However, professional balkanization is only the organizational form of a wider problem, namely that activists and theorists in both communities have fundamentally different conceptions of what the rule of law means and requires in post-conflict and post-authoritarian transitions. As this book examines, neither group may not have much knowledge of key debates in the opposite field.

My book therefore attempts to explain how those involved in trials, truth commissions and lustration view the rule of law (a very value laden conception focussed primarily on human rights and norms with little attention given to institutions or the cultural commitments on the parts of ruler and ruled to legality) differently to those attempting to rebuild courts, police systems and prisons (a more technocratic, culture-driven view which incorporates human rights but avoids conflating the two). In so doing, it examines differences of opinion on criminal trial (for the former, it is a means of political signalling where fair trial values are contingent, for the latter it is an example to establish scrupulously fair standards), international criminal law (for the former, international trials are often a superior option because they reinforce the global values of norms, for the latter they risk de-legitimising or infantilising national court systems) and indigenous justice (seen in transitional justice as a bastion of resistance to the state, seen in justice sector reform as a key complement or gap-filler for the nascent state justice system).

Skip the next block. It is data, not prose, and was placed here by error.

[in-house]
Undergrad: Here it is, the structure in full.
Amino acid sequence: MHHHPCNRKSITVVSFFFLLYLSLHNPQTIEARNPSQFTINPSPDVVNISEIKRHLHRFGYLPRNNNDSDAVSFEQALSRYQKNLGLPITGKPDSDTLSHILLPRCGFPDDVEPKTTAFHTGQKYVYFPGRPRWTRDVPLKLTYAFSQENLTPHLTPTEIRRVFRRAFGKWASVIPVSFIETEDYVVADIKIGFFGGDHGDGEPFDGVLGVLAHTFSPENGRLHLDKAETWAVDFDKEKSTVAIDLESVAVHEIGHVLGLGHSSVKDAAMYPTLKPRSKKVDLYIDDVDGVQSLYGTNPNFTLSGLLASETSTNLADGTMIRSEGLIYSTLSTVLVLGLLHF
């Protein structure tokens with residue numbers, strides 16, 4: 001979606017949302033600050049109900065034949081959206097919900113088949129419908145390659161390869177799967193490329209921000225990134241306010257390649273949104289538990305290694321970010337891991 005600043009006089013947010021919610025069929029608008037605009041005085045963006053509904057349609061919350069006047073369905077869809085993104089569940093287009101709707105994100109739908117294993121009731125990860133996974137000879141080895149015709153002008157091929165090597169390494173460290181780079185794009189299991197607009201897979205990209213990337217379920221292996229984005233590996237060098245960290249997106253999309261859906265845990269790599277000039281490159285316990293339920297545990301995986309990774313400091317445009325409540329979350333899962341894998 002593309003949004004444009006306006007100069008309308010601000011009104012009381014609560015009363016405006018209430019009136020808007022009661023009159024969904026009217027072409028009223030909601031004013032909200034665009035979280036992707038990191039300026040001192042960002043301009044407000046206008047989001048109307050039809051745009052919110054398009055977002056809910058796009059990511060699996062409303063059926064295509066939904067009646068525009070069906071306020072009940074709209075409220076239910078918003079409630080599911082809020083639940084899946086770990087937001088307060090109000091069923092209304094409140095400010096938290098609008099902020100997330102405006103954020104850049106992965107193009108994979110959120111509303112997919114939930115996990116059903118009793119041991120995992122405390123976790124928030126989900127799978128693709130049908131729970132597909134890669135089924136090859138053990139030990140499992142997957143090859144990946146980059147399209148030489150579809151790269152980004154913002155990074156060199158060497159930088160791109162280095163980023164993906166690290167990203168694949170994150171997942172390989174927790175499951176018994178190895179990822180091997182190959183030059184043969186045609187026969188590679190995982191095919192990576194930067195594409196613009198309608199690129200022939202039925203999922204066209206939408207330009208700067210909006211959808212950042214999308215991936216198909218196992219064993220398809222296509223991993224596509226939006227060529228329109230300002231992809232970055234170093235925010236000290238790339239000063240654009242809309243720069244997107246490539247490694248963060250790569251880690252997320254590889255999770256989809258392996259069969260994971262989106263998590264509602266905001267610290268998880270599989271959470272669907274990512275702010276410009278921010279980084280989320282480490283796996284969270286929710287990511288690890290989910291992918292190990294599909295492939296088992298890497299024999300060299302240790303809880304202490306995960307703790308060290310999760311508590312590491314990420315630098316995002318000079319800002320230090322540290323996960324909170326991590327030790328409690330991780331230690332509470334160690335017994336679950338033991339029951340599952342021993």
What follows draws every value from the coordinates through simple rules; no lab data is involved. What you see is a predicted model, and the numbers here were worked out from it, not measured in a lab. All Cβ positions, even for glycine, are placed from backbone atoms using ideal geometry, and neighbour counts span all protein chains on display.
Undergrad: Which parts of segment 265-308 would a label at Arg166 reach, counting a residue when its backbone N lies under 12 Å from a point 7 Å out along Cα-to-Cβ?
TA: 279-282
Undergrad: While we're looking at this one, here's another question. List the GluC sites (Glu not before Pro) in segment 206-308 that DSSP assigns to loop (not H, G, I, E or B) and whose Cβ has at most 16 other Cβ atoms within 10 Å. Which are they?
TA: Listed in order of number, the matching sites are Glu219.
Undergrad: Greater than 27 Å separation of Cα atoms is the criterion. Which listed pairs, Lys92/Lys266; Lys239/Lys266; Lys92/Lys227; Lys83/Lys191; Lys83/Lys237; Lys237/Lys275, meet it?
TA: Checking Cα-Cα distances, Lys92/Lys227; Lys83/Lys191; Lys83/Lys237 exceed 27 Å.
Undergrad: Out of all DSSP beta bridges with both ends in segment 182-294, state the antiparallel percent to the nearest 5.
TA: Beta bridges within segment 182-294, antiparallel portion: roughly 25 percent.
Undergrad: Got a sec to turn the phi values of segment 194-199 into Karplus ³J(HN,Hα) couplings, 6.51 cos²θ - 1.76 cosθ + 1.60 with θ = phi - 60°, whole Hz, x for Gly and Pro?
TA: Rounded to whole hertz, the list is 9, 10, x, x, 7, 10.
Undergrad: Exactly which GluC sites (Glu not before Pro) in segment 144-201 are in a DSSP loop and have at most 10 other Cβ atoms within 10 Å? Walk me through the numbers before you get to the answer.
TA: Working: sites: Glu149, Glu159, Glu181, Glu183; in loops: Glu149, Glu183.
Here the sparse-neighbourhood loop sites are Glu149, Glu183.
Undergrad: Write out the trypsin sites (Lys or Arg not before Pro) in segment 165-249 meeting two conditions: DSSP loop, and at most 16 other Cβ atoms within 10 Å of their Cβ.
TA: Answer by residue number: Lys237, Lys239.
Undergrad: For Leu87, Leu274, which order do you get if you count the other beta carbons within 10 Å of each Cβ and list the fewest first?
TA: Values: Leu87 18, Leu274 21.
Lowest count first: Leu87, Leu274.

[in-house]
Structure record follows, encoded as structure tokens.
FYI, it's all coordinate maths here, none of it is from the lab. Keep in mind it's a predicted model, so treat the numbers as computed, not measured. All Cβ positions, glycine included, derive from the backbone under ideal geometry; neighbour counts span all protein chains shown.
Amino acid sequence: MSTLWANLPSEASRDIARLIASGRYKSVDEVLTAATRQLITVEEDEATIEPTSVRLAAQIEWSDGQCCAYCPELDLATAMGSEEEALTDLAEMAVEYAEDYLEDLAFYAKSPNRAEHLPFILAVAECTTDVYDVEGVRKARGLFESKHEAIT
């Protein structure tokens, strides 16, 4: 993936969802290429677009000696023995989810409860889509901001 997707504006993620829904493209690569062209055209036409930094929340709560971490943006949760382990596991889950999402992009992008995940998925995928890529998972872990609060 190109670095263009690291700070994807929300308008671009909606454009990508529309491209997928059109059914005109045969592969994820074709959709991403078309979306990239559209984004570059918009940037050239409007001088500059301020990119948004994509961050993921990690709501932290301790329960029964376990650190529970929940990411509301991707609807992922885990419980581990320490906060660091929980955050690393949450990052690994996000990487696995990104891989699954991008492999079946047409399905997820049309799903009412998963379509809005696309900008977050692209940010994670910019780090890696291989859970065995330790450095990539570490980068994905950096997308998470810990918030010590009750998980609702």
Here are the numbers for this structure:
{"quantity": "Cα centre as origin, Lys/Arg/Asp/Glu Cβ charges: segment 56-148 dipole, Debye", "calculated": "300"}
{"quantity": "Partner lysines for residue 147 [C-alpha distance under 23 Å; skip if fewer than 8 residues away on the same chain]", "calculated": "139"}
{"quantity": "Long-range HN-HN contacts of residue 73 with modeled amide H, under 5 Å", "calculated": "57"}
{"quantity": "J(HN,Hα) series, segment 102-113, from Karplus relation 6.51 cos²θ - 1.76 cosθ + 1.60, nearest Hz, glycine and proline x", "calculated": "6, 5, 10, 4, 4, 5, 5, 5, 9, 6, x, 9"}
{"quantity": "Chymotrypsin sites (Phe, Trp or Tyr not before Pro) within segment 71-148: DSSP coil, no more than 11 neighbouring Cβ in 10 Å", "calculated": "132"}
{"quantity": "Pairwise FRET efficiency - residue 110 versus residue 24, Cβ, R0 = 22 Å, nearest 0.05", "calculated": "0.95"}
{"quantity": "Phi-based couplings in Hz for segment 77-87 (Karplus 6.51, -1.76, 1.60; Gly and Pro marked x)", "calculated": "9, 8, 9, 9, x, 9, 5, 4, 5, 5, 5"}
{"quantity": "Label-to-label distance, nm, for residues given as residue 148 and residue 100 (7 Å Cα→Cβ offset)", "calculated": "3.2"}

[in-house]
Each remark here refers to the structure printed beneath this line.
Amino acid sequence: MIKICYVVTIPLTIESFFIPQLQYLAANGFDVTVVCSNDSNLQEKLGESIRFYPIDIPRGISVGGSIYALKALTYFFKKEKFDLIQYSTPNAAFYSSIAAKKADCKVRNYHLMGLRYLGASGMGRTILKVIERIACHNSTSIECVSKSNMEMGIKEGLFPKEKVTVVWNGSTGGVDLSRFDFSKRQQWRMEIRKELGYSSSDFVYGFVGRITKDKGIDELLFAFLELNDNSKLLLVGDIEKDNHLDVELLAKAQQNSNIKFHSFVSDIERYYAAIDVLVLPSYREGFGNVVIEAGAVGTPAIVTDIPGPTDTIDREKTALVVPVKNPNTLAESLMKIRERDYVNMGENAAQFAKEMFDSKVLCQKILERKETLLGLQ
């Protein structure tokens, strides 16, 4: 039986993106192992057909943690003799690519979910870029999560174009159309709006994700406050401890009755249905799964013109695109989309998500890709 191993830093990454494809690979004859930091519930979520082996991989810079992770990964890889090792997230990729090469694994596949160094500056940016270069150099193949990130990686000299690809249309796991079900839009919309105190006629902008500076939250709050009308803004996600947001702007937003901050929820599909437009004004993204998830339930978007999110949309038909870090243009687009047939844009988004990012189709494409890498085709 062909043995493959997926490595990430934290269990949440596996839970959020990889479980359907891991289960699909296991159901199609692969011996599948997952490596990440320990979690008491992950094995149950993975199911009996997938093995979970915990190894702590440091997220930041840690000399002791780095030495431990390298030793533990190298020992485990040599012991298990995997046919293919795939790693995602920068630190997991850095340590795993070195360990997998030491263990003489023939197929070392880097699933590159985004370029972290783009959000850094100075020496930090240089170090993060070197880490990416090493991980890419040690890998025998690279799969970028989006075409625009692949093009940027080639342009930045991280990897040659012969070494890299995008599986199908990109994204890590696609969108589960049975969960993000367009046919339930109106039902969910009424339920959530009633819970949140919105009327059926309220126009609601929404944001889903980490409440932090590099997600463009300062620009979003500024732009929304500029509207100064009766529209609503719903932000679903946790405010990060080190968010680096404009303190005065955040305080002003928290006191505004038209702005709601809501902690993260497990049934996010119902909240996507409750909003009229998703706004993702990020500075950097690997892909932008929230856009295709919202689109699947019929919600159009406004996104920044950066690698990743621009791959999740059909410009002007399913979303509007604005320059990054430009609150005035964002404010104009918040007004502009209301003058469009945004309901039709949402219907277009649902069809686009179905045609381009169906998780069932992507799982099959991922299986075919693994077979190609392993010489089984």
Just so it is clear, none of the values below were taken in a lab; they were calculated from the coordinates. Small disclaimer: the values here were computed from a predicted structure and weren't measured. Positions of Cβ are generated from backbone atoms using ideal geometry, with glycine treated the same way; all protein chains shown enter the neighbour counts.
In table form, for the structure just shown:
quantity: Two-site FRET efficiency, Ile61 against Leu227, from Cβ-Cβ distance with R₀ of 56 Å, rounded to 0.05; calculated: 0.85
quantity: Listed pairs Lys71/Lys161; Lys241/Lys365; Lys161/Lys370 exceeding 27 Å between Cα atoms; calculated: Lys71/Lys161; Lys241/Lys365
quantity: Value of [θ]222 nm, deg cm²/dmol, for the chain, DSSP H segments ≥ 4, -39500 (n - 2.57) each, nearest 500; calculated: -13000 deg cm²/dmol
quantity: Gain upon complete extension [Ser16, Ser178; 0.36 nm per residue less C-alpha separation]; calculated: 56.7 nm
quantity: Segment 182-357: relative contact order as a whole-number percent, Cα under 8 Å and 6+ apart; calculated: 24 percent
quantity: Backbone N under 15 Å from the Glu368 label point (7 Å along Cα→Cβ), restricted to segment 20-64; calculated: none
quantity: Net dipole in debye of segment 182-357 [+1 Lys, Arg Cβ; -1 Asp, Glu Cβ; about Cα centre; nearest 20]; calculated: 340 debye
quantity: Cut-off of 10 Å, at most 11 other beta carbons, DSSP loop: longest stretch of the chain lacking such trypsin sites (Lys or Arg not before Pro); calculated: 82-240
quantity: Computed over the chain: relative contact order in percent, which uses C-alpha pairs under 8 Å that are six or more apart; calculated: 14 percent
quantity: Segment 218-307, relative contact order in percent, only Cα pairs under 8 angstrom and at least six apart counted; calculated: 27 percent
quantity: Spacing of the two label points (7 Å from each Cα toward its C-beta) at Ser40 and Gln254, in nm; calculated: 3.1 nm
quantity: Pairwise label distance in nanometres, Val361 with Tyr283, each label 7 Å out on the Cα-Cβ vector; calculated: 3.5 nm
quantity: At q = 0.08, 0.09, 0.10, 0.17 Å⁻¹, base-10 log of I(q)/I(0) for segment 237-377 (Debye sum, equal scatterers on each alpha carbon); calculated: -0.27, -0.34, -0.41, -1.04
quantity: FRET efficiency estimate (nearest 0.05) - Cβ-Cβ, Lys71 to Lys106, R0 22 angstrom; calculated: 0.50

Arguing that the often Messianic transitional justice community would do well to heed the limitations of its mechanisms and the radically imperfect conditions to which they deploy, the book recommends policy-makers to re-balance the compromises inherent in transitional justice mechanisms against the foundational demands of rule of law reconstruction.

Prioritizing achievable and pragmatic justice sector reform objectives over the more profound but potentially unobtainable political ends that dominate transitional justice theory, the book recommends that a more clear-eyed vision of costs and benefits, risks and opportunities is required when decisions are made to employ, circumvent or complement the transitional state’s institutions of justice by internationalised trials, truth commissions and other sui generis processes.